The Basel Committee on Banking Supervision’s second consultation paper on the standardised approach for credit risk, released in December last year, sets out the minimum international expectations of the Basel Committee with respect to the capital treatment of a range of asset classes.
The most controversial aspect of the consultation paper is the Basel Committee’s proposal to levy higher capital on a subset of investment loans. If implemented, the changes would see banks hold two to three times more capital against investor loans than owner-occupied loans.
However, ANZ chief executive Shayne Elliott says the proposal needs further debate.
“We should have a discussion about the facts and not make blanket statements, for example, that all investor loans are inherently riskier than owner-occupied. That doesn’t bear scrutiny,” Mr Elliott said at a media conference yesterday.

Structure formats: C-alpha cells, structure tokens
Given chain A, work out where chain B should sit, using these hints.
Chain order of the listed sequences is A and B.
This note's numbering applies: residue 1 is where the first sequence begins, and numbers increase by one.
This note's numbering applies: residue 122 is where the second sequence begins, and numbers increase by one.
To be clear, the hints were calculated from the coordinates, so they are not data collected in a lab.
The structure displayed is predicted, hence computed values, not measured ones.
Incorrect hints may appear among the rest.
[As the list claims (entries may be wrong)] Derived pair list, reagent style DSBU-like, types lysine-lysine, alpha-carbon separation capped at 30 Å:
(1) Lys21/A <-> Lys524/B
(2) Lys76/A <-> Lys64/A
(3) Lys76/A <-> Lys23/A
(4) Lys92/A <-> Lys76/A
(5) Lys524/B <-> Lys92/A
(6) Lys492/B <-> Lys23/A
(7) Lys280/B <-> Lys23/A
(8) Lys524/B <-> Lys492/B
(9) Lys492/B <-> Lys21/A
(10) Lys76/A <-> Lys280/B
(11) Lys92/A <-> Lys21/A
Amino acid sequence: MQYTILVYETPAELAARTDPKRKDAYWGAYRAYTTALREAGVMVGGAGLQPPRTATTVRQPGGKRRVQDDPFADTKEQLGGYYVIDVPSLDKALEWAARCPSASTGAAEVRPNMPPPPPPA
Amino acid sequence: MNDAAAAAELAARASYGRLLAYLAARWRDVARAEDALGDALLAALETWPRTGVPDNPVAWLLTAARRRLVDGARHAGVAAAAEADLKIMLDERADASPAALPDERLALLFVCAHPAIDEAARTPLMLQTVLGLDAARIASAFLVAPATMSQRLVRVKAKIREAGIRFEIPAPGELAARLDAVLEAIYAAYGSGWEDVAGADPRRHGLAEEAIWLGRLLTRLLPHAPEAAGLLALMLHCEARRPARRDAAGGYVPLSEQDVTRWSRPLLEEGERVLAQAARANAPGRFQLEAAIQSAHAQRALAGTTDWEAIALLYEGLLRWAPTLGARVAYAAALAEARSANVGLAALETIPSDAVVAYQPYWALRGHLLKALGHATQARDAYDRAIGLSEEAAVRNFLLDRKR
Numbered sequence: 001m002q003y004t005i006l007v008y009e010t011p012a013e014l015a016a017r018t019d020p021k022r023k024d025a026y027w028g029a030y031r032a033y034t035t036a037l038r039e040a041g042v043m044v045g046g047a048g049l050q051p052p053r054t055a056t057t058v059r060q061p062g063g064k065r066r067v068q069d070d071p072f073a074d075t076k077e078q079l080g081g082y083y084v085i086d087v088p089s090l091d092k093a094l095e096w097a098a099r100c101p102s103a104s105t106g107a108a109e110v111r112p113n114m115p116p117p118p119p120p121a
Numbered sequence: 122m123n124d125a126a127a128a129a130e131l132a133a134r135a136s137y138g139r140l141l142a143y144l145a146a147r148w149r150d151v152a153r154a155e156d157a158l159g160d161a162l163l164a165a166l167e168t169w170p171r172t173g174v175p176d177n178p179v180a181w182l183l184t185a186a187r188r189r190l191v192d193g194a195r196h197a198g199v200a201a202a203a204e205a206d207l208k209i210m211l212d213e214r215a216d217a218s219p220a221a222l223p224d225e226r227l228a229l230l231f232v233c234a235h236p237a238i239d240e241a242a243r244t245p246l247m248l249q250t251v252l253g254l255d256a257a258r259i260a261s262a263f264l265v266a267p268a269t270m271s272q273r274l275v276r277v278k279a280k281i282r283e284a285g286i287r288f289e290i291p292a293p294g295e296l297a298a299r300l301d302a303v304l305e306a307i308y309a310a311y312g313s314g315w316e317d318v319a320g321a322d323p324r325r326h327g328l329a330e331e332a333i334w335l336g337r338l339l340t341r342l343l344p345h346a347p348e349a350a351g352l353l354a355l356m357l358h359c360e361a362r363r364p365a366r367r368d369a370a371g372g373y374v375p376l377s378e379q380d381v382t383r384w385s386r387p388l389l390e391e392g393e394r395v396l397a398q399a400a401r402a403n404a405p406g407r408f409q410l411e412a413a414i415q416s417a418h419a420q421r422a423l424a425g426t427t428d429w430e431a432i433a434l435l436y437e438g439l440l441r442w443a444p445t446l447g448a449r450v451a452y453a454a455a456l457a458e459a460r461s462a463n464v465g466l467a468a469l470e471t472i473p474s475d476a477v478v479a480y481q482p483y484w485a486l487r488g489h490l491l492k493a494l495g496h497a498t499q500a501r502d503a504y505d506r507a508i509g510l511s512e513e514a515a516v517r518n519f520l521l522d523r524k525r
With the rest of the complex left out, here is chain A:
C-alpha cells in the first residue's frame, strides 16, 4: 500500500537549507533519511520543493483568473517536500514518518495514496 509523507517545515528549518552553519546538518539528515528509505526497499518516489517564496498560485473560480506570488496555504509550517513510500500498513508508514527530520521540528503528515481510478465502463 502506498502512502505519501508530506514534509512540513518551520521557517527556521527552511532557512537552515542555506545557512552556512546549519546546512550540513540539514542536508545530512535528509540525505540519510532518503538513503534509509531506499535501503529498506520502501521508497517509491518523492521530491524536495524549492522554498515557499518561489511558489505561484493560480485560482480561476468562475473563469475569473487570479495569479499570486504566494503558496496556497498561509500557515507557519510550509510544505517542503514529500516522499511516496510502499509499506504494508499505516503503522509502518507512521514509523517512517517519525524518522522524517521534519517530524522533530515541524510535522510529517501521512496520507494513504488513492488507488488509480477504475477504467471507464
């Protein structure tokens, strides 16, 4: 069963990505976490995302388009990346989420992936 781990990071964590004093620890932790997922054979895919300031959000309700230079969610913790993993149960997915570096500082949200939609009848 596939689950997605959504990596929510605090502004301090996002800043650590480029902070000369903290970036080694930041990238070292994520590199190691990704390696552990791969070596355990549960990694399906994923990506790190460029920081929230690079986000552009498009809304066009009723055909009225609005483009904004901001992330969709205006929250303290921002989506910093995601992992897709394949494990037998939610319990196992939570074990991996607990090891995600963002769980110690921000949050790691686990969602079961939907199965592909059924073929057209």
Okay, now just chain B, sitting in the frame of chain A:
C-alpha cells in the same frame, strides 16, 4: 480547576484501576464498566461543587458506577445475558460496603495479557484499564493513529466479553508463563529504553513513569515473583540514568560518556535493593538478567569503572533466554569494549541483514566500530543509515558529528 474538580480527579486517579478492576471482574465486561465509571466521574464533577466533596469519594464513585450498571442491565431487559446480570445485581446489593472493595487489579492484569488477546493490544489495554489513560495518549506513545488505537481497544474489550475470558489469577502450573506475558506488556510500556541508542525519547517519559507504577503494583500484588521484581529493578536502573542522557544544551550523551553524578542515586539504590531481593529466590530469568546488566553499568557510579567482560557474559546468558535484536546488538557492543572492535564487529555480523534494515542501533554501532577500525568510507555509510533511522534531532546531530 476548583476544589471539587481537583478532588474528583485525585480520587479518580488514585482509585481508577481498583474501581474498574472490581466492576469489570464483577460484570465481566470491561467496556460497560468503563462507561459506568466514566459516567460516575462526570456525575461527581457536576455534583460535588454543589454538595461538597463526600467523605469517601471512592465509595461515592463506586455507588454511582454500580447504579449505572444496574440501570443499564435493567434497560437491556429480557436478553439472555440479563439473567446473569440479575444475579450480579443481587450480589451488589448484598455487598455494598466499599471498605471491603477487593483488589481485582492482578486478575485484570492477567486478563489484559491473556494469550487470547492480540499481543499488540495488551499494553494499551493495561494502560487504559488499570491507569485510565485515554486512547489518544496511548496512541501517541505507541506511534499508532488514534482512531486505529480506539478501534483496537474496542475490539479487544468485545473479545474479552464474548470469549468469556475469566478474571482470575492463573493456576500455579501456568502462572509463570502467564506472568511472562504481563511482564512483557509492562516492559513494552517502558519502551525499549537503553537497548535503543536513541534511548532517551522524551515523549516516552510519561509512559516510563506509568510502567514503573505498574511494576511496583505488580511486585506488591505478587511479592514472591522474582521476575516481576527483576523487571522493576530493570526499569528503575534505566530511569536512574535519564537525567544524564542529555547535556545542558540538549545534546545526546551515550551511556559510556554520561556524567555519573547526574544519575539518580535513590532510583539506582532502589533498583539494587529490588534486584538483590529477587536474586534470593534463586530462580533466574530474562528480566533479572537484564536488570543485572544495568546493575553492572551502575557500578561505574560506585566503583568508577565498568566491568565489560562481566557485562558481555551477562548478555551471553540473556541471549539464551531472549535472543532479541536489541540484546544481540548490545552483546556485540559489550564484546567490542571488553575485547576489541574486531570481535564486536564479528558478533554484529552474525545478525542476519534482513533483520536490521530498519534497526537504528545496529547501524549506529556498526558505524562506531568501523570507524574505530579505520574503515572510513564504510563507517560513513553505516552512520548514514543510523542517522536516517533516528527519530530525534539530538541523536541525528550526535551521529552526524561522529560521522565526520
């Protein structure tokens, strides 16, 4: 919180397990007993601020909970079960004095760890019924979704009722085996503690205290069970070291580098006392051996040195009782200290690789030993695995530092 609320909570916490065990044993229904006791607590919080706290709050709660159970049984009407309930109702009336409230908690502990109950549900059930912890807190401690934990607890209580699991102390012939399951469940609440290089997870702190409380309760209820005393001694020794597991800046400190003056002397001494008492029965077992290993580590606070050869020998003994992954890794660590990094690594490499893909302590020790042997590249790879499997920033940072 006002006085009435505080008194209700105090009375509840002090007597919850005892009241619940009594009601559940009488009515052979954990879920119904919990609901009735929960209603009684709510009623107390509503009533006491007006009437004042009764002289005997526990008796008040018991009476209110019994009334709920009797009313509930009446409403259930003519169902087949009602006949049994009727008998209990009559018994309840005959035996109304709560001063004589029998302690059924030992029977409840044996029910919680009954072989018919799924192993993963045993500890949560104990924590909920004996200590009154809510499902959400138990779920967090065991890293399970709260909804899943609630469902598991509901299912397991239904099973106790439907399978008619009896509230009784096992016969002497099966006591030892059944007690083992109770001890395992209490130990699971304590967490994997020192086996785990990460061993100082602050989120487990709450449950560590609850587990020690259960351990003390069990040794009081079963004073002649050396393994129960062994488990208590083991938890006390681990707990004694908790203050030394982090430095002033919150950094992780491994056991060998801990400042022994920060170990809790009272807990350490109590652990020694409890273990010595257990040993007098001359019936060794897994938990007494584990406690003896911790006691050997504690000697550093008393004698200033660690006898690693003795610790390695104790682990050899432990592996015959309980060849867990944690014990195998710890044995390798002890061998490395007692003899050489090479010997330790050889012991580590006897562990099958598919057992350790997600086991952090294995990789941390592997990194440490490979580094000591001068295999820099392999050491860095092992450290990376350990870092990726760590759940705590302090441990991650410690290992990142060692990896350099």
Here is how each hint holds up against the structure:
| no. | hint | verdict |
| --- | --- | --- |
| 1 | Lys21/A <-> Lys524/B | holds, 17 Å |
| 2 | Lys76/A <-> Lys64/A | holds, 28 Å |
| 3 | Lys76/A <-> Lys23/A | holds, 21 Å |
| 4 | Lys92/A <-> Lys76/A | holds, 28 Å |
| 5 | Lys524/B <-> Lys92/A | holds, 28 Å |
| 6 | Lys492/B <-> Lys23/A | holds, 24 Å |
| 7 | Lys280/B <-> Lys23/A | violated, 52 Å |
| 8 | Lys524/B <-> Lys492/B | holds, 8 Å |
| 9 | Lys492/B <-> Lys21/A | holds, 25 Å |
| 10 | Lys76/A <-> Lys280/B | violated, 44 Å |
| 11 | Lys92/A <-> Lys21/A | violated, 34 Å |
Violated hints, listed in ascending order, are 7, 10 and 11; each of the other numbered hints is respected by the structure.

ANZ’s acting chief financial officer Graham Hodges acknowledged that while the Basel Committee is trying to create a global standard, not all markets are the same.
“Our historical experience around investor loans in the Australian market is actually they have been lower risk than owner-occupied loans, largely because of the individuals who come in and buy investor loans,” Mr Hodges said.
“They typically have their own home and have multiple sources of income. That is not necessarily the case in other jurisdictions globally.
“I think one of the things that the Basel people will have to work through is how we actually join up the dots and [ask] what is the purpose of the Basel rules. Is it to really align capital with risk or just to have the same approach irrespective of risk?”
The Basel consultation paper closed for comment in March.